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Milberger's Nursery and Landscaping
3920 North Loop 1604 E.
San Antonio, TX 78247

Open 9 to 6 Mon. through Sat.
and 10 to 5 on Sun.

Three exits east of 281, inside of 1604
Next to the Diamond Shamrock station
Please click map for more detailed map and driving directions.

Click here


Saturday, July 10, 2004

By Calvin Finch, Conservation Director, SAWS, and Horticulturist


            Timing is an important part of gardening in South Texas. Our weather is extreme at times, so there are limited windows of suitable weather for specific plants to perform at their best. July is an important month for activities that result in the autumn flush of bloom for roses, a bountiful supply of fall tomatoes, and a great show of mari-mums and even the spring crop of blackberries.

The first step in producing a good crop of fall tomatoes is to pull and compost the spring plants. They will live and may produce a fall crop but the production and quality does not match that of newly planted tomatoes. The spring plants are spent and serve as a reservoir of pests such as fungus, spider mites and nematodes.

Texas Extension Vegetable Specialist Dr. Jerry Parsons reports that Heat Wave may be on the market again this autumn. They are a proven heat-setting plant that will raise the odds that you will harvest a crop before the cold weather arrives. Also select from Celebrity, 444, Carnival Bingo and Jackpot. Plant the new tomatoes in the garden at the end of July. Use the time between then and now to till in 2 inches of compost, add 1 cup of lawn fertilizer per 50 sq. ft., repair the drip irrigation, and obtain the mulch you will use over the root system. Live oak leaves are my favorite mulch for the vegetable garden.

The roses do not look great right now. They are perking up, however, and will bloom this fall. Late July is normally the time to prepare the plants for the autumn flush of bloom. Because of the cool wet weather, do it now. Put on your gloves and wear a long-sleeved shirt to protect yourself from the thorns. Remove all dead and injured stems. Open up the middle by removing stems that are growing inwardly instead of outwardly. Excessive height can also be pruned back. Use your discretion but 36 inches tall is a good target.

When you complete the pruning, it is time to fertilize with slow release lawn fertilizer (1 cup per plant spread widely over the roots). Replenish the mulch and irrigate the plants when the soil dries under the mulch to 1 inch. Modern hybrid tea roses require a weekly spray program to do their best. Apply Funinex and orthene every week. Organic gardeners can try sulfur, neem oil and pyrethrin products.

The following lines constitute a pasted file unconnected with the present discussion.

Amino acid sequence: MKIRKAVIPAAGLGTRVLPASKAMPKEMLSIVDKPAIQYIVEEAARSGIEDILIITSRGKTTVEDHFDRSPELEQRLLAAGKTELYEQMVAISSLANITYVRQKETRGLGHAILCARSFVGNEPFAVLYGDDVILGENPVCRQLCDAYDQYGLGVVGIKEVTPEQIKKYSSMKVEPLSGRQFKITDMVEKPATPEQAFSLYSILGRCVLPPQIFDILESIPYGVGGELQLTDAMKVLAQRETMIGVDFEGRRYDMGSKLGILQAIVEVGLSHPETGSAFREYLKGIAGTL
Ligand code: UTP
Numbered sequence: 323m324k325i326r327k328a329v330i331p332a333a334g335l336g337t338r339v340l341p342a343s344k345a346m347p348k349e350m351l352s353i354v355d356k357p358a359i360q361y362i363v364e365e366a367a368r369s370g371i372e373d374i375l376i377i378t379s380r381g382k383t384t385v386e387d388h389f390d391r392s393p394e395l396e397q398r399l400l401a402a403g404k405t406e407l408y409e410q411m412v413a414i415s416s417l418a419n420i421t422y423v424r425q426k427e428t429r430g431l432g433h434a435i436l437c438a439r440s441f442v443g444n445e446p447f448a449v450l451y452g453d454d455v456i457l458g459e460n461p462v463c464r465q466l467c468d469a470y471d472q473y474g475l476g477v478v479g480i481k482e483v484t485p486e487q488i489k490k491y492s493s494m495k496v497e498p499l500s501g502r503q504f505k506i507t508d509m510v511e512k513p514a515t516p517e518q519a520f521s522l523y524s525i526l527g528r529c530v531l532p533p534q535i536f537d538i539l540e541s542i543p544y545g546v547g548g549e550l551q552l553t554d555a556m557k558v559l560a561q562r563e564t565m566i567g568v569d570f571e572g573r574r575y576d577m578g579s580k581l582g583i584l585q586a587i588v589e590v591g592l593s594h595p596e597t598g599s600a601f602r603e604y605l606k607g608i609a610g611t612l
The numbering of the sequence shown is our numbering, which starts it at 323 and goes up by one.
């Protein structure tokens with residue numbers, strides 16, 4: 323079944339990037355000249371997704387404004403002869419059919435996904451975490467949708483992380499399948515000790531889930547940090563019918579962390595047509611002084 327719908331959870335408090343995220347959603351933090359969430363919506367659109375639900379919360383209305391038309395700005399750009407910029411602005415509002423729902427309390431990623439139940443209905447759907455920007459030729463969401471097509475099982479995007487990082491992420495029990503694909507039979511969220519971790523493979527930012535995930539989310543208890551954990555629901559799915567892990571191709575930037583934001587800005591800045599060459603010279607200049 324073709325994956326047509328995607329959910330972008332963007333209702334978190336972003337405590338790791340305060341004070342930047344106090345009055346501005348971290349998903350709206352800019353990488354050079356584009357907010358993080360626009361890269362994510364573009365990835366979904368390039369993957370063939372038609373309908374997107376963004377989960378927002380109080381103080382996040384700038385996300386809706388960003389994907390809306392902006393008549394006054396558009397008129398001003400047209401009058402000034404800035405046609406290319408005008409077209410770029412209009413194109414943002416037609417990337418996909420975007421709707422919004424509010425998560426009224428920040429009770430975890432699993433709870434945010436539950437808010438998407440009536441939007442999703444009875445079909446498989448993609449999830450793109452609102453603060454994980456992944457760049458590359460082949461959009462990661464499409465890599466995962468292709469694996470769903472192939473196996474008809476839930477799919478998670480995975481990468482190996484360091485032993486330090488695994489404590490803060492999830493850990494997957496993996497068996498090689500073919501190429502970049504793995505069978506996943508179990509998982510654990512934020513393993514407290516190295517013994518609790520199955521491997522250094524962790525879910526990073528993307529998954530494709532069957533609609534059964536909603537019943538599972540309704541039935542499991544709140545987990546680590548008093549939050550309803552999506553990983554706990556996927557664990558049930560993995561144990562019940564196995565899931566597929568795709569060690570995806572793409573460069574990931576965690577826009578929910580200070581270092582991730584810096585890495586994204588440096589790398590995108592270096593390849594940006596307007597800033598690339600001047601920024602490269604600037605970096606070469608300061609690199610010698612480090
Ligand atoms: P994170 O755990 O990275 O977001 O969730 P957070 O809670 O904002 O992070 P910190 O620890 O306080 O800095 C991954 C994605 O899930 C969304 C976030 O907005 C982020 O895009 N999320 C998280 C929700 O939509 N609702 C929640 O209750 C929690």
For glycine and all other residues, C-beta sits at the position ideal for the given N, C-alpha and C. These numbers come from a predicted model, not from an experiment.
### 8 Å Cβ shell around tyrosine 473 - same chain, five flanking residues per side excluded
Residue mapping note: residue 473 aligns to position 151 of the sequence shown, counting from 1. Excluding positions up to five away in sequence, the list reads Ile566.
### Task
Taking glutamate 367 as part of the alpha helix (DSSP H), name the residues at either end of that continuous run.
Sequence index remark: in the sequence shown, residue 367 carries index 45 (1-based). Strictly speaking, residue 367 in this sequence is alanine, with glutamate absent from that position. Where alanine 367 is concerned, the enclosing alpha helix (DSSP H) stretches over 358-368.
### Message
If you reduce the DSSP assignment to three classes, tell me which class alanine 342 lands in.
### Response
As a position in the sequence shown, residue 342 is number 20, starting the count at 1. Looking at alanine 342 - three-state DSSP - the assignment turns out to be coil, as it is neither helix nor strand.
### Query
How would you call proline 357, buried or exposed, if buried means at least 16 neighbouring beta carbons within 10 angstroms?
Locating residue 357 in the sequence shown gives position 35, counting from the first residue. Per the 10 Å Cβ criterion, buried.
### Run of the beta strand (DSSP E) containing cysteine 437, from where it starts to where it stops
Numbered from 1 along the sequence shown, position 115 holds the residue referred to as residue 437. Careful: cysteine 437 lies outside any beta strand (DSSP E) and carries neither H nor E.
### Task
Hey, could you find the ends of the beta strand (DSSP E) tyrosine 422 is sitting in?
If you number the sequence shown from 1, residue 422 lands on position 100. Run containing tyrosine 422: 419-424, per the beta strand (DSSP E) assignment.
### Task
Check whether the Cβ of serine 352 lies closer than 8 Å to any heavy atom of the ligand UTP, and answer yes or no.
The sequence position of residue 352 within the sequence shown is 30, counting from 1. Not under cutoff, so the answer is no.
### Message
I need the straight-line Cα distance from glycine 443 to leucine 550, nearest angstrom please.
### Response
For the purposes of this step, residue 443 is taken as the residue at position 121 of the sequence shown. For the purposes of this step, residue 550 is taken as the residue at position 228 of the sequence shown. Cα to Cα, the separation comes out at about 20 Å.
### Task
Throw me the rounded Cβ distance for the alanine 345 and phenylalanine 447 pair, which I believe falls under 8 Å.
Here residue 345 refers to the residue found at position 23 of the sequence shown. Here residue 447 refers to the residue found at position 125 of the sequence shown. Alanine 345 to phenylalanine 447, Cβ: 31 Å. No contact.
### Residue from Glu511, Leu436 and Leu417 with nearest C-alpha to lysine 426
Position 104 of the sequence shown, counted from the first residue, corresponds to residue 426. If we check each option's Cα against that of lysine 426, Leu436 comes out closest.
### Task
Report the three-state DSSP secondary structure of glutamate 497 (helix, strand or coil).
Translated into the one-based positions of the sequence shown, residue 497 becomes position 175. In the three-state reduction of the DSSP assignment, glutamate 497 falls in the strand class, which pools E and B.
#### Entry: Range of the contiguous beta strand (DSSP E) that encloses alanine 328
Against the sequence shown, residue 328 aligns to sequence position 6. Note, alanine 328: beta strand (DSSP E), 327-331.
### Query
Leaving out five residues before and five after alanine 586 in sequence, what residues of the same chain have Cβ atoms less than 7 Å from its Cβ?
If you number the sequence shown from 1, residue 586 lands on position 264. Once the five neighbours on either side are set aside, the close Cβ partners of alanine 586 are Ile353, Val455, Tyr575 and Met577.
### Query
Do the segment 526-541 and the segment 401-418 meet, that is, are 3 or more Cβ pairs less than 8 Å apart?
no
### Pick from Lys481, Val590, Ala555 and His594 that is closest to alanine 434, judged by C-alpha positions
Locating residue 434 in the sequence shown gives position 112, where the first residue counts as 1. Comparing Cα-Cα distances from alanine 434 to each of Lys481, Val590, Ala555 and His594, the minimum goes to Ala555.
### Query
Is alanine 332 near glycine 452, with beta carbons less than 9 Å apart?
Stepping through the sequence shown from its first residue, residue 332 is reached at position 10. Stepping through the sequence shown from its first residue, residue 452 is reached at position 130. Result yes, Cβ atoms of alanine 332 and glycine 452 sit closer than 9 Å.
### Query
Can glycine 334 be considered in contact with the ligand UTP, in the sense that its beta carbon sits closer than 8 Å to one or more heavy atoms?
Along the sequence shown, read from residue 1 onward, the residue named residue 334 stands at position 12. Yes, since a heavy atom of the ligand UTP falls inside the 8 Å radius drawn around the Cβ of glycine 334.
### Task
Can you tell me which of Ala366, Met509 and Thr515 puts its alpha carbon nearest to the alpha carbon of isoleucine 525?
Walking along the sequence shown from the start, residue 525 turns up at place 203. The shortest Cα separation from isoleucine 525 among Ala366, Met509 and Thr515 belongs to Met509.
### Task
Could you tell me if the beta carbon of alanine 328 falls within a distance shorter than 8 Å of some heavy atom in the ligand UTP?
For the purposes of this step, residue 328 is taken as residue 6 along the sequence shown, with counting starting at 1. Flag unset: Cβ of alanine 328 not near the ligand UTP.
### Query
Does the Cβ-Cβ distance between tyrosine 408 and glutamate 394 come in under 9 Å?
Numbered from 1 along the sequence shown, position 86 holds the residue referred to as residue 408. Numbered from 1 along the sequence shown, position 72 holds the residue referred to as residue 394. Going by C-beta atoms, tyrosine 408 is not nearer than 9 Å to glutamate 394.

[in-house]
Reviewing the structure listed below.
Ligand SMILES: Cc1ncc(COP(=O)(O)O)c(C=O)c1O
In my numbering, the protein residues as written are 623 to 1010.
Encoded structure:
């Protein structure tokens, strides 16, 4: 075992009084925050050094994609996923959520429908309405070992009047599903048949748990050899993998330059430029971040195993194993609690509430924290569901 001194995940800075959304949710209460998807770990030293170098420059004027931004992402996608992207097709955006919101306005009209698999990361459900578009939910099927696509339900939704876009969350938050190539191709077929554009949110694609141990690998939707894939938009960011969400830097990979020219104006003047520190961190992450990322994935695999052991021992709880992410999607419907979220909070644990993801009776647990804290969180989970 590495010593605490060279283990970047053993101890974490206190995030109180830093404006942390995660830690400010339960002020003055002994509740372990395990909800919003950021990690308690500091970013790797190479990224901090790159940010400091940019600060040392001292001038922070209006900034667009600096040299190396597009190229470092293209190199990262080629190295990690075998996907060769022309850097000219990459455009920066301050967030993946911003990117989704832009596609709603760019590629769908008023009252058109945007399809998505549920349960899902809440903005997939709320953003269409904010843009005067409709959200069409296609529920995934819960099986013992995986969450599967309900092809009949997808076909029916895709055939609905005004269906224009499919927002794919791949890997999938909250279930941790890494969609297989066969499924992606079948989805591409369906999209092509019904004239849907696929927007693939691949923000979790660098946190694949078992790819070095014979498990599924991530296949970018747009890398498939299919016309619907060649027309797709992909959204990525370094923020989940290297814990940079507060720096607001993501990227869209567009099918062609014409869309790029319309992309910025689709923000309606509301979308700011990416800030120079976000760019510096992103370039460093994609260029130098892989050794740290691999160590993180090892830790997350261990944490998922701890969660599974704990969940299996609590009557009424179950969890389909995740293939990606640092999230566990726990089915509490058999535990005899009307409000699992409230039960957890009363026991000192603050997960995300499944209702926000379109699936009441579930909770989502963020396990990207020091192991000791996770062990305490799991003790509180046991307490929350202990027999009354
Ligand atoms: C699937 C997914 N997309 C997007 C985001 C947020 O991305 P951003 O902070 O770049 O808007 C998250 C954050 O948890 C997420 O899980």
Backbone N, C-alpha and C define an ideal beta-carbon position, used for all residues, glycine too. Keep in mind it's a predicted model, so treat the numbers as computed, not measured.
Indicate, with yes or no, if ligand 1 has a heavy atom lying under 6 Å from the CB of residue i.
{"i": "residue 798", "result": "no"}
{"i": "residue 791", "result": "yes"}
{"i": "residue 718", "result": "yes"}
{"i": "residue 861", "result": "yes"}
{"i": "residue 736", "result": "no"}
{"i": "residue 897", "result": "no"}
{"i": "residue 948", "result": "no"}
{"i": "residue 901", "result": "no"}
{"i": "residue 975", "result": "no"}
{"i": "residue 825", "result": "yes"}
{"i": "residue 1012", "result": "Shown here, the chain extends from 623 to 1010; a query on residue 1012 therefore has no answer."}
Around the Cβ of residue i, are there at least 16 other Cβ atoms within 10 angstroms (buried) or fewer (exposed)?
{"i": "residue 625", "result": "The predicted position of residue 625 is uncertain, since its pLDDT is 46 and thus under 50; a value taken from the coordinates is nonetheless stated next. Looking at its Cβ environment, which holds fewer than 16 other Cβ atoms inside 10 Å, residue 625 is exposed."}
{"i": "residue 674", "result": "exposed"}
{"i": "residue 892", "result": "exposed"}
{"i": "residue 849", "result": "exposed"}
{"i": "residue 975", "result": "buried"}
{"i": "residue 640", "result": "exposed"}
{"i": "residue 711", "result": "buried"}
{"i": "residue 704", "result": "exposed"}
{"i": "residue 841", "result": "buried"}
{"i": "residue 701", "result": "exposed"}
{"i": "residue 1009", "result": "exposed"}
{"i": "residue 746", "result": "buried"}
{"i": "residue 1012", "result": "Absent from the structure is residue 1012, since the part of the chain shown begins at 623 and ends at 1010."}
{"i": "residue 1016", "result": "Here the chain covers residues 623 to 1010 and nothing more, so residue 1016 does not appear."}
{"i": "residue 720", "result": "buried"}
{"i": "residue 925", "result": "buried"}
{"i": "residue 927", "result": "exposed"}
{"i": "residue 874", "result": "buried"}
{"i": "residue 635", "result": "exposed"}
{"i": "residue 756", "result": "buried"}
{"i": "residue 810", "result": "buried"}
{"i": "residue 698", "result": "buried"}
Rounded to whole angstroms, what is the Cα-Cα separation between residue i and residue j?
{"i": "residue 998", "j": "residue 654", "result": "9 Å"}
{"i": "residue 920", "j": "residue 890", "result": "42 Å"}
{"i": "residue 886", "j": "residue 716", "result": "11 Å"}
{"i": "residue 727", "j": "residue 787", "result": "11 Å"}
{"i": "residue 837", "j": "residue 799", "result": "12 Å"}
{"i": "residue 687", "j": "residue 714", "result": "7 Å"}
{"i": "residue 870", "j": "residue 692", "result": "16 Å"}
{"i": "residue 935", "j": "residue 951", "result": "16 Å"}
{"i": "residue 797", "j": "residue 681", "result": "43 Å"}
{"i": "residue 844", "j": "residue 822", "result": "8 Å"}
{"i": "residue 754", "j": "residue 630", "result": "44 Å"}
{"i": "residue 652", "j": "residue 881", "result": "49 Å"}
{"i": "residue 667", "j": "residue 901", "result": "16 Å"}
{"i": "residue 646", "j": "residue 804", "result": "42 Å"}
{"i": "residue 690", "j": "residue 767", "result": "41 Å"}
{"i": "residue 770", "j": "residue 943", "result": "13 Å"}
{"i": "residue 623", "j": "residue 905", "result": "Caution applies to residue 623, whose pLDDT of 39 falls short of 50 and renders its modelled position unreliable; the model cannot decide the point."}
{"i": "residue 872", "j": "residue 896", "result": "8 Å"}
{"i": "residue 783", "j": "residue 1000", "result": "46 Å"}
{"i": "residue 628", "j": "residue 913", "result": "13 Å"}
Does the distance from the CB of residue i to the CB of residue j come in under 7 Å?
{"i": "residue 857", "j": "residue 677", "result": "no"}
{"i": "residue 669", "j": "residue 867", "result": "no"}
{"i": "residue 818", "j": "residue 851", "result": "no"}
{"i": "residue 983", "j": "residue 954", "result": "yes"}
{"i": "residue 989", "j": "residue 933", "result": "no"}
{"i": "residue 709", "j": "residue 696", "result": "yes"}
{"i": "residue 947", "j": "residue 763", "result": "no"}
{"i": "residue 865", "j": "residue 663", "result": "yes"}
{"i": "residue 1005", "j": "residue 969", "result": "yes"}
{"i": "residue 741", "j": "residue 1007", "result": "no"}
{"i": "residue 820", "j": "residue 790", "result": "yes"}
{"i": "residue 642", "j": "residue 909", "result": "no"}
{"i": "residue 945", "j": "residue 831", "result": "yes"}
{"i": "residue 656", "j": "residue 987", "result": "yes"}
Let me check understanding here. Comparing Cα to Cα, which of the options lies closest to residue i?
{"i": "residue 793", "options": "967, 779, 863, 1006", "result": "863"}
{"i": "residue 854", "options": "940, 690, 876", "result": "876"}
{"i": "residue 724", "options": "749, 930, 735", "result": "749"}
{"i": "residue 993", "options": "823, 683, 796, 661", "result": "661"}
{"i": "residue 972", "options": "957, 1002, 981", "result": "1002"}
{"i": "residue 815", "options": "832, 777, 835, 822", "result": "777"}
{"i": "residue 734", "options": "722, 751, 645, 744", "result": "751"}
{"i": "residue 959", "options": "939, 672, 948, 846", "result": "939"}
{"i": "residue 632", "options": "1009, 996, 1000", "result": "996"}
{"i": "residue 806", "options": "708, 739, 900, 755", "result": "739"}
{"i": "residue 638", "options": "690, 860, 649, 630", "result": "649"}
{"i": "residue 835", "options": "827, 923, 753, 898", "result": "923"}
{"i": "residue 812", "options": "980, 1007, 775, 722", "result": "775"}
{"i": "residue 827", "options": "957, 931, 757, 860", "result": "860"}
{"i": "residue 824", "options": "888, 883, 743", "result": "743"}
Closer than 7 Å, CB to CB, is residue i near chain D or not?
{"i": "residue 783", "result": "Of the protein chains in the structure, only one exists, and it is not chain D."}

Blackberries are a very productive fruit for South Texas. It is time to remove last year’s stems (floricanes) to make way for the new growth (primocanes) that will bear next year’s fruit. The primocanes are the shoots that are vigorously growing and have lush foliage. The floricanes have smaller leaves that are declining. Cut the floricanes off at the ground. When you cut out the old stems it is a good idea to prune the primocanes back to 36 inches. Prune them at 36 inches once per month for the rest of the year. Our most productive blackberry varieties are even thornier than roses. Gloves and long sleeves are required. If you are a “sissy” you could remove all the stems. The primocanes will grow back in time for next year’s crop.

Marigolds are one of our favorite flowers; unfortunately, they are also a favorite food source of spider mites. When we try to grow them in spring or summer, they are quickly infested. If you plant marigolds in the autumn beginning later this month, the timing is such that the plants benefit by warm but declining temperatures. Spider mite reproduction is directly related to temperature and, if everything works as planned, the blooms survive until cold weather arrives. Seek the large African or American hybrids. They are called “marimums” at some nurseries because they look like garden mums when planted in mass. Plant them 1.5 feet or less apart and they will form a solid mass of orange or yellow bloom.

When you visit the nursery to select your marigolds, the best choice is to find stocky plants that have not started to bloom yet. The show of bloom is most spectacular if the plants reach 12 to 14 inches tall before they start to bloom. If this growth is achieved in your garden there will be enough root system and foliage to support a full crown of bloom. Marigolds that begin to bloom on under-developed plants never produce as many large flowers as larger plants.